Everyday, radio announcer Ryley Serrano takes on an unusual challenge at an unusual radio station.
Radio Esperanza, or Radio Hope, is the first closed-circuit radio station in Central America operating within a prison -- and Serrano is the inmate who directs the station.
"[It] motivates us to reach a group of more than 600 inmates with positive messages, not only in the music, but also in what we say," Serrano said. "We share with all those people who need hope."
Speakers fixed throughout the prison draw a large audience of inmates who gladly listen to the 10 hours of daily programming, which includes Christian and popular music, motivational messages, helpful information, news and interviews.
The 700 Club has offered counseling and evangelism in the Santa Ana Penitentiary since 1993. The ministry played a major role in providing equipment for Radio Esperanza.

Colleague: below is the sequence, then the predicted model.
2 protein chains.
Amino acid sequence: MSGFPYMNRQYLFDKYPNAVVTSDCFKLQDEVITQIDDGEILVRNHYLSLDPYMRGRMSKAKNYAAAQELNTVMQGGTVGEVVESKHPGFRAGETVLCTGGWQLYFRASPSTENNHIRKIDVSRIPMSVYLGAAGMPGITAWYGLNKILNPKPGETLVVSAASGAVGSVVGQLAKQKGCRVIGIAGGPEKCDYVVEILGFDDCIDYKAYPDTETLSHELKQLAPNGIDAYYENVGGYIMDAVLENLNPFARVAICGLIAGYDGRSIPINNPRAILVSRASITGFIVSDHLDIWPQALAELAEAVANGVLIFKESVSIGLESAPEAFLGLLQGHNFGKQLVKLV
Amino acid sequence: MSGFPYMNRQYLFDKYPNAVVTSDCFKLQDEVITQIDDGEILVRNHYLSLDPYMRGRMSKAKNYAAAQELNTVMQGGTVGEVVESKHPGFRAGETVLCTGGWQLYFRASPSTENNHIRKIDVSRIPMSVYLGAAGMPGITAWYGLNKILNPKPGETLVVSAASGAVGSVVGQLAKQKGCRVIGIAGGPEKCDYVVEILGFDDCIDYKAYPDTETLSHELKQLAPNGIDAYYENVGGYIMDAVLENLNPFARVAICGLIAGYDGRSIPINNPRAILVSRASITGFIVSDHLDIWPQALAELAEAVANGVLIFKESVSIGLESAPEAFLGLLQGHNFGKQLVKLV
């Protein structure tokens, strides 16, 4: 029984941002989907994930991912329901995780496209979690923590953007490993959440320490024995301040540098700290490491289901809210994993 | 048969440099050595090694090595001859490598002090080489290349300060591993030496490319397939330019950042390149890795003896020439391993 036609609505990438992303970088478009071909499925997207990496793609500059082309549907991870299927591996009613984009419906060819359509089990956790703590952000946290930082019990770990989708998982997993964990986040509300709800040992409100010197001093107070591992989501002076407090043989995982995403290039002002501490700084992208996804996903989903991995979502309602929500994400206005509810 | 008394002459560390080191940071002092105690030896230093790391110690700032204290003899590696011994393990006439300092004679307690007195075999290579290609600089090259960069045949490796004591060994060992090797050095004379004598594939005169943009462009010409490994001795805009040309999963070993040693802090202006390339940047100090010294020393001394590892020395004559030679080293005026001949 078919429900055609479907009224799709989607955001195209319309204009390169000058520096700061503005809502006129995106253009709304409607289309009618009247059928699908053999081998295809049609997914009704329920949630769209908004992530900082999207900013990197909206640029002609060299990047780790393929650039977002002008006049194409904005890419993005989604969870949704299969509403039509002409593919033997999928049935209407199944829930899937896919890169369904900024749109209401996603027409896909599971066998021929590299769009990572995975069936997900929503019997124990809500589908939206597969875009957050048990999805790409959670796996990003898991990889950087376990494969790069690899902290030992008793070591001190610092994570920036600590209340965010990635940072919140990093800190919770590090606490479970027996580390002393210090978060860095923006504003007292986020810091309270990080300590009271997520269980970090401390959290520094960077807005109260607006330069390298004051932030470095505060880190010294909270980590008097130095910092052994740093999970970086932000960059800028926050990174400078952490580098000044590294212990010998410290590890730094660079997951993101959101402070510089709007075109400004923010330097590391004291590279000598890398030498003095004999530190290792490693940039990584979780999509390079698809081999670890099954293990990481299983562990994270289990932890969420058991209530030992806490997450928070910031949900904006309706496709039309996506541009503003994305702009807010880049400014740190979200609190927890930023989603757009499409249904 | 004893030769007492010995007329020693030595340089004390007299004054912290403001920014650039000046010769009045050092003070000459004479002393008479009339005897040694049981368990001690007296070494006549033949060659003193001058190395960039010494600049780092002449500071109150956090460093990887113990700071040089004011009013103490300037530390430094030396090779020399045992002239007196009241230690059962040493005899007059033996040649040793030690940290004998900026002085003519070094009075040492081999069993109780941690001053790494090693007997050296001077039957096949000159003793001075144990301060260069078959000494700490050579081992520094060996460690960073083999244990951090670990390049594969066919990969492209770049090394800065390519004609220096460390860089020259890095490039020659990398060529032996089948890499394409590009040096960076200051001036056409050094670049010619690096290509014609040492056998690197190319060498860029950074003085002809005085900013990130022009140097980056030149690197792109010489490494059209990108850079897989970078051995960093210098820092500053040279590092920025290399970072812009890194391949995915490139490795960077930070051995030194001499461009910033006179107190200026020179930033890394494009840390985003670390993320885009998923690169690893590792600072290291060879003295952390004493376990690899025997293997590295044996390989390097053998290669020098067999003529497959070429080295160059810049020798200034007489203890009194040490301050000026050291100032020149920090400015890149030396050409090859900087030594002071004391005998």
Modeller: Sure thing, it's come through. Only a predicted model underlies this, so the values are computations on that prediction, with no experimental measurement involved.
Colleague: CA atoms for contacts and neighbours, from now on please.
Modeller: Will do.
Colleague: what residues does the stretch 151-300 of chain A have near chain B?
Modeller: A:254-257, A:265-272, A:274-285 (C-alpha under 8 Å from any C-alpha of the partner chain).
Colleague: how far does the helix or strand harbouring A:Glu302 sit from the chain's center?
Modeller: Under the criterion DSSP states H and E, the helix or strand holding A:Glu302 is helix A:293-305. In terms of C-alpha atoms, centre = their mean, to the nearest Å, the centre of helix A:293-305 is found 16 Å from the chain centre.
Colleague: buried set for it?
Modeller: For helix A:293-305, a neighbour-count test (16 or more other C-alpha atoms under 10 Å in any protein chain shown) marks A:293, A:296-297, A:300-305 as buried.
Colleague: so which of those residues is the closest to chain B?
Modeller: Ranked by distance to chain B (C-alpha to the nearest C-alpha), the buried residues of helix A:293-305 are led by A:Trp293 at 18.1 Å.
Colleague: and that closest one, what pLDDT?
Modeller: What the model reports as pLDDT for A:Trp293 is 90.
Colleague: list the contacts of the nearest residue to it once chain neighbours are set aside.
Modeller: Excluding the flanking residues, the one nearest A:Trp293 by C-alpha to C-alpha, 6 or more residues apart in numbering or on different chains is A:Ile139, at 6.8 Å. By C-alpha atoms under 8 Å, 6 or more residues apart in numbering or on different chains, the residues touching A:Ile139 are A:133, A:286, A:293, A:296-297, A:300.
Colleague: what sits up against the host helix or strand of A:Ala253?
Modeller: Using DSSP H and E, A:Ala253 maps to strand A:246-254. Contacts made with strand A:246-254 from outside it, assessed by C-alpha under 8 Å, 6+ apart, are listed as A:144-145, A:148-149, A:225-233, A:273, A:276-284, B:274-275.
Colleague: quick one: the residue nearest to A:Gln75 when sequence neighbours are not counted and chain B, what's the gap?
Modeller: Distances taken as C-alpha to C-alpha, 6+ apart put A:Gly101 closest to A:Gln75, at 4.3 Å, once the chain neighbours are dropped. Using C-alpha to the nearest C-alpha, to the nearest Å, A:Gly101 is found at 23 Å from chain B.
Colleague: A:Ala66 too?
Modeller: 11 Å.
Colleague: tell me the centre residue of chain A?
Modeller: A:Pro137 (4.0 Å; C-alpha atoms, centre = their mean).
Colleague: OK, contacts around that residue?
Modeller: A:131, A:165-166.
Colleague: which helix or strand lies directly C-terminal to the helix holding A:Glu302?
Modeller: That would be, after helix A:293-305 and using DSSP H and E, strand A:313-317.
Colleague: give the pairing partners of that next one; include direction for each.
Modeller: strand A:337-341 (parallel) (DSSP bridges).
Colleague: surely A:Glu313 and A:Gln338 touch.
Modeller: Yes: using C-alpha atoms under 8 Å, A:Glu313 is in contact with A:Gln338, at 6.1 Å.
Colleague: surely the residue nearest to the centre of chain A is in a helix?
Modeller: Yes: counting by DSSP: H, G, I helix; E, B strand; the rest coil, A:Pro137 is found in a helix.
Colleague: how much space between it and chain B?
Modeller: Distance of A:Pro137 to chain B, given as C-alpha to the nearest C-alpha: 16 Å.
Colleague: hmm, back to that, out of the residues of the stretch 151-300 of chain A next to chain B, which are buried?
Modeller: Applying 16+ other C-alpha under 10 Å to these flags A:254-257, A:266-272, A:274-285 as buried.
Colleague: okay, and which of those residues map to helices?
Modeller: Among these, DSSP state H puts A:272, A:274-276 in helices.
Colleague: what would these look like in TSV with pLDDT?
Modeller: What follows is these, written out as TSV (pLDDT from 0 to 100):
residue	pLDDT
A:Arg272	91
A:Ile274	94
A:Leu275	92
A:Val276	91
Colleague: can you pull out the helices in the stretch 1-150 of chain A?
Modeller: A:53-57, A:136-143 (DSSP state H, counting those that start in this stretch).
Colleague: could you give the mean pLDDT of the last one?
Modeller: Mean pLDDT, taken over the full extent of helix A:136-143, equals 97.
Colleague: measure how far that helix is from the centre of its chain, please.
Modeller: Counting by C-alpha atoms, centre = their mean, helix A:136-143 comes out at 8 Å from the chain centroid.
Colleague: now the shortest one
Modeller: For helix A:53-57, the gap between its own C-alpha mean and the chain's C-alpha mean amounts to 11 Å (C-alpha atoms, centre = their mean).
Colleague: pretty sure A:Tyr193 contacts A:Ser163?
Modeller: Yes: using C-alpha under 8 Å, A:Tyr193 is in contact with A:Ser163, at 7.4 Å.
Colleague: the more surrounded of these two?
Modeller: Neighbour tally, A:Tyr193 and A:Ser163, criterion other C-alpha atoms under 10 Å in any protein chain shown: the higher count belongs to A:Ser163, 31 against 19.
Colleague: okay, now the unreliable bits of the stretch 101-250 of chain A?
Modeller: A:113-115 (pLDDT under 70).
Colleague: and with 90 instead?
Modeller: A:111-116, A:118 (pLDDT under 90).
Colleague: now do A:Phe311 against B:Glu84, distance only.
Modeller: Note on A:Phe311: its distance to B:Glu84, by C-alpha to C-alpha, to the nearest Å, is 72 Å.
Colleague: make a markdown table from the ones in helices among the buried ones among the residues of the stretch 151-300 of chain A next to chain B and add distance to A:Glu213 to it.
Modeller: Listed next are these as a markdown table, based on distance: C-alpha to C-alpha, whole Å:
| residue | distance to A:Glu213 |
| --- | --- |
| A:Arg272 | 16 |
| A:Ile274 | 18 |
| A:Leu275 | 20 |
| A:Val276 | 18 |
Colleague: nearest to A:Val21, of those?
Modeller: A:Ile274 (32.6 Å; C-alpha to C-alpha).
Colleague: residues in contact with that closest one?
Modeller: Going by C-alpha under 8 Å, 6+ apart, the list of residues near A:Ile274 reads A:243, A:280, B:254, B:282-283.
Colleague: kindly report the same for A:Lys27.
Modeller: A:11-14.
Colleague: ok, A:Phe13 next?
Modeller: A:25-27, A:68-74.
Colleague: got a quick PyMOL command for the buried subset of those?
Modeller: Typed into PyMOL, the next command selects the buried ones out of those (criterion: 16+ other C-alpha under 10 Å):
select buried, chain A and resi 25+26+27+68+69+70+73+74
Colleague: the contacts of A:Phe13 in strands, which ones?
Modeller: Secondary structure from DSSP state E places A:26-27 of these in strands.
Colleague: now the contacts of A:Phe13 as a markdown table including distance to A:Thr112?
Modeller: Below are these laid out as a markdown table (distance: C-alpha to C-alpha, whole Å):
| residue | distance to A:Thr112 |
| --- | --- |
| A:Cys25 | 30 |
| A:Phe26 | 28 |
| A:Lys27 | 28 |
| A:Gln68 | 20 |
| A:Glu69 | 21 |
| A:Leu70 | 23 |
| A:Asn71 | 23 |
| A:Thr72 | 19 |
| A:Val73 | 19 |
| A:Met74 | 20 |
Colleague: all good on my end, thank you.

"The reaction is positive and people are waiting to see what time the preaching begins, and when they're putting on praise music, to worship the name of the Lord Jesus Christ," Oscar Fajardo of The 700 Club El Salvador said.
Many prisoners testify about how the radio has transformed their lives and the lives of their fellow prisoners.
"Many times, people can't stand the pressures of jail. Some even decide to hang themselves," inmate Vidal Hernandez said. "You see many things and the only path is to seek God and to know He's the only one who can help us."
That message was powerful enough to change the penitentiary from one of the most violent prisons in El Salvador into one of the most peaceful.
"The level of stress has fallen and we feel that the treatment programs from the technical team are strengthened by the positive subjects presented there," prison director Neftaly Portillo said.
This gives the team of radio announcers and technicians -- all prison inmates -- a great sense of satisfaction.
"It feels good to help, to see I can teach others to survive in life and not fall into the mistake of returning here," radio announcer Ricardo Funes said.
Serrano said it helps that there's no competition.
"They can't unplug you or change the dial," he said laughing. "They have to listen to you."
*Originally broadcast on May 14, 2010.